As mom’s dementia increases, so goes her sensitivity to fabric–texture, weight, design, weave–even fit. Once an accomplished seamstress, her tailored clothing fit her proportianately petite figure; her closet organized by color: salmon colored slacks hanging with the favorite peach and pink seersucker plaid blouse; the festive red and black plaid boiled wool vest with silver European claw fasteners, a carefully selected gift from my sister, hung ready for the Christmas holidays with black wool gabardine slacks, the creases perfectly and effortlessly ironed.
Twenty five years after her retirement, three and half years residency at a local assisted living facility, practical reality transcends fashion and classic lines. Last year, our clothing challenge appeared in the form of mom’s complaint that her slacks were too tight. While she’s suffered from chronic gas and belching for some time, primarily caused by anxiety, she experienced even the ubiquitous elastic waisted slacks to be confining. However, for someone suffering from dementia, problem solving, everyday problem solving painfully, incredibly fails…If the room is too hot, your or I would–without thinking–turn on the air conditioning or open doors to create a breeze way. If I was tired of wearing a jacket, your or I would give it away. But with dementia, a logical, automatic response goes missing. Rather, my mom likely will turn on the heat to cool the room. Mom will throw away her clothing.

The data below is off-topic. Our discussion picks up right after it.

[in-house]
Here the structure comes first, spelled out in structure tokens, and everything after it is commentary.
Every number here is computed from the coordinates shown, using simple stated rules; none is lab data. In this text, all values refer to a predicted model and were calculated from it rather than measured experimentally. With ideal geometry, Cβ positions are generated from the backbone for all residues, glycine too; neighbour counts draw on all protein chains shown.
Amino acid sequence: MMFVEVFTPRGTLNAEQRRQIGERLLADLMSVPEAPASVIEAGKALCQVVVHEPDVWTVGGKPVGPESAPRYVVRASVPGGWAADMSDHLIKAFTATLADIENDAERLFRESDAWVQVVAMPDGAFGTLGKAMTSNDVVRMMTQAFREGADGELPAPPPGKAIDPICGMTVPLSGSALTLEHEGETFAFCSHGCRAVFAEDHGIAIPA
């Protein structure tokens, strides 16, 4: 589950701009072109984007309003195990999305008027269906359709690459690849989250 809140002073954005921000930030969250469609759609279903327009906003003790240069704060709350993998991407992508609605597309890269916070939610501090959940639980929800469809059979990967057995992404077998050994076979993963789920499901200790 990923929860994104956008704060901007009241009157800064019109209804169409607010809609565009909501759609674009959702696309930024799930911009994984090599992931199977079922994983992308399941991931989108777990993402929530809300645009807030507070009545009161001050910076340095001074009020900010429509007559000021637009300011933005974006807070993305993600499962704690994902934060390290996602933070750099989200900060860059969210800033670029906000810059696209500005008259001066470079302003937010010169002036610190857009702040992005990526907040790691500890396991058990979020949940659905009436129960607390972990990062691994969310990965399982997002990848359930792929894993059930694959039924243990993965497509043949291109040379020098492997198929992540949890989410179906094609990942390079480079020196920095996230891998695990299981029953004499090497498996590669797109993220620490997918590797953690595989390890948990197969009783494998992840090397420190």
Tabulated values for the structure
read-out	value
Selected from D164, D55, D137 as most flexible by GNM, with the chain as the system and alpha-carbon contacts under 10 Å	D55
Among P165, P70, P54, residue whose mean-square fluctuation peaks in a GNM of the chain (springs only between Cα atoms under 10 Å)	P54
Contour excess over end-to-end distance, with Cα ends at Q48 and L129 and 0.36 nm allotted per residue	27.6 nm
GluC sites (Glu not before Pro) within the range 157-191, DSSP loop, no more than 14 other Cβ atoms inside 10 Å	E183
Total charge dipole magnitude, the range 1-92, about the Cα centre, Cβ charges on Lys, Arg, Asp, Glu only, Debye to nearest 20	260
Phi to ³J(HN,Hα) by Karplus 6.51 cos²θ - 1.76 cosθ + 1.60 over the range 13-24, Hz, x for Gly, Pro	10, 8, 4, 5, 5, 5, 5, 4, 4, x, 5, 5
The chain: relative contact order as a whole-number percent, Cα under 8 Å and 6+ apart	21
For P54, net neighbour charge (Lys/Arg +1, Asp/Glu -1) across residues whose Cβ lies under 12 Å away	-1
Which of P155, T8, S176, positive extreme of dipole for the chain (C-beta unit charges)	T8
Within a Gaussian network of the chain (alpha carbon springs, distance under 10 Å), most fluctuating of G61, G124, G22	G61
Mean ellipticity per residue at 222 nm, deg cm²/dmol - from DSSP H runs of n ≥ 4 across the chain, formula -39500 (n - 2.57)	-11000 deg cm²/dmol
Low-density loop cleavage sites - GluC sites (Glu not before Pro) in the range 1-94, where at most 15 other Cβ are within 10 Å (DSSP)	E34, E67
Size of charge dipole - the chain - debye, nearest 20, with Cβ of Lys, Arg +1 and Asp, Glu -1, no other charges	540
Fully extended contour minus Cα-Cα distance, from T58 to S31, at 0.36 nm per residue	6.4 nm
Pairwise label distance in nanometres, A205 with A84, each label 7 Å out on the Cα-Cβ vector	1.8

It’s always important, however, to identify the culprit: the dementia, the worn out, shrivled up synapses that no longer connect. Faulty problem solving appears in myriad scenes playing out every moment of every day for people with dementia.
My sister and I hoped new sweaters, in a large size, would help take the chill off for mom. She approved of the order : beautiful teal and a deep magenta. Upon arrival, mom tried them on and despite their generous fit, she insisted they were too small, triggering an oft-repeated story about her broad shoulders. Perception. It was all about perception, ‘though it took Mary and me a couple of times to get the message. We put them away for an upcoming trip to visit Mary, who lives in the mountains. Soon as mom saw them, she adamantly reminded us that they were too big and we should give them away. We got it.
It’s just curious to me, the hypersensitivity, especially from a woman who once admired the fine hand of Pendleton wool plaid or a beautifully woven cotton print. More misfiring synapses.
I wonder what I’ll reject in 33 years…chocolate? a favorite pair of socks or flannel pajamas? red wine? No matter. For my children, should I grow unable to tolerate such things, just be sure I have a lot of what is comfortable.
Mistaking moisturizing shampoo for lotion, mom’s face grew red and more red, hot to the touch. To soothe what she perceived to be dry skin, she applied another layer of shampoo and another layer of shampoo. A month or so ago, and again today when I picked her up for her annual eye appointment. I did my best to painlessly removed the shampoo, the layers almost impervious to water and washcloth. “We’ve really put you through the meat grinder this week, mom. And I interrupted Friday afternoon bingo, to boot.”
I was reminded of cleaning one of my children’s skinned knees as they sat on the bathroom counter, careful to clean without adding injury. And the skin, so perfectly soft. For those who’ve never touched aged skin, it’s remarkably soft, a silky smooth, but vulnerable, a reminder of our humanity and the touch we all need.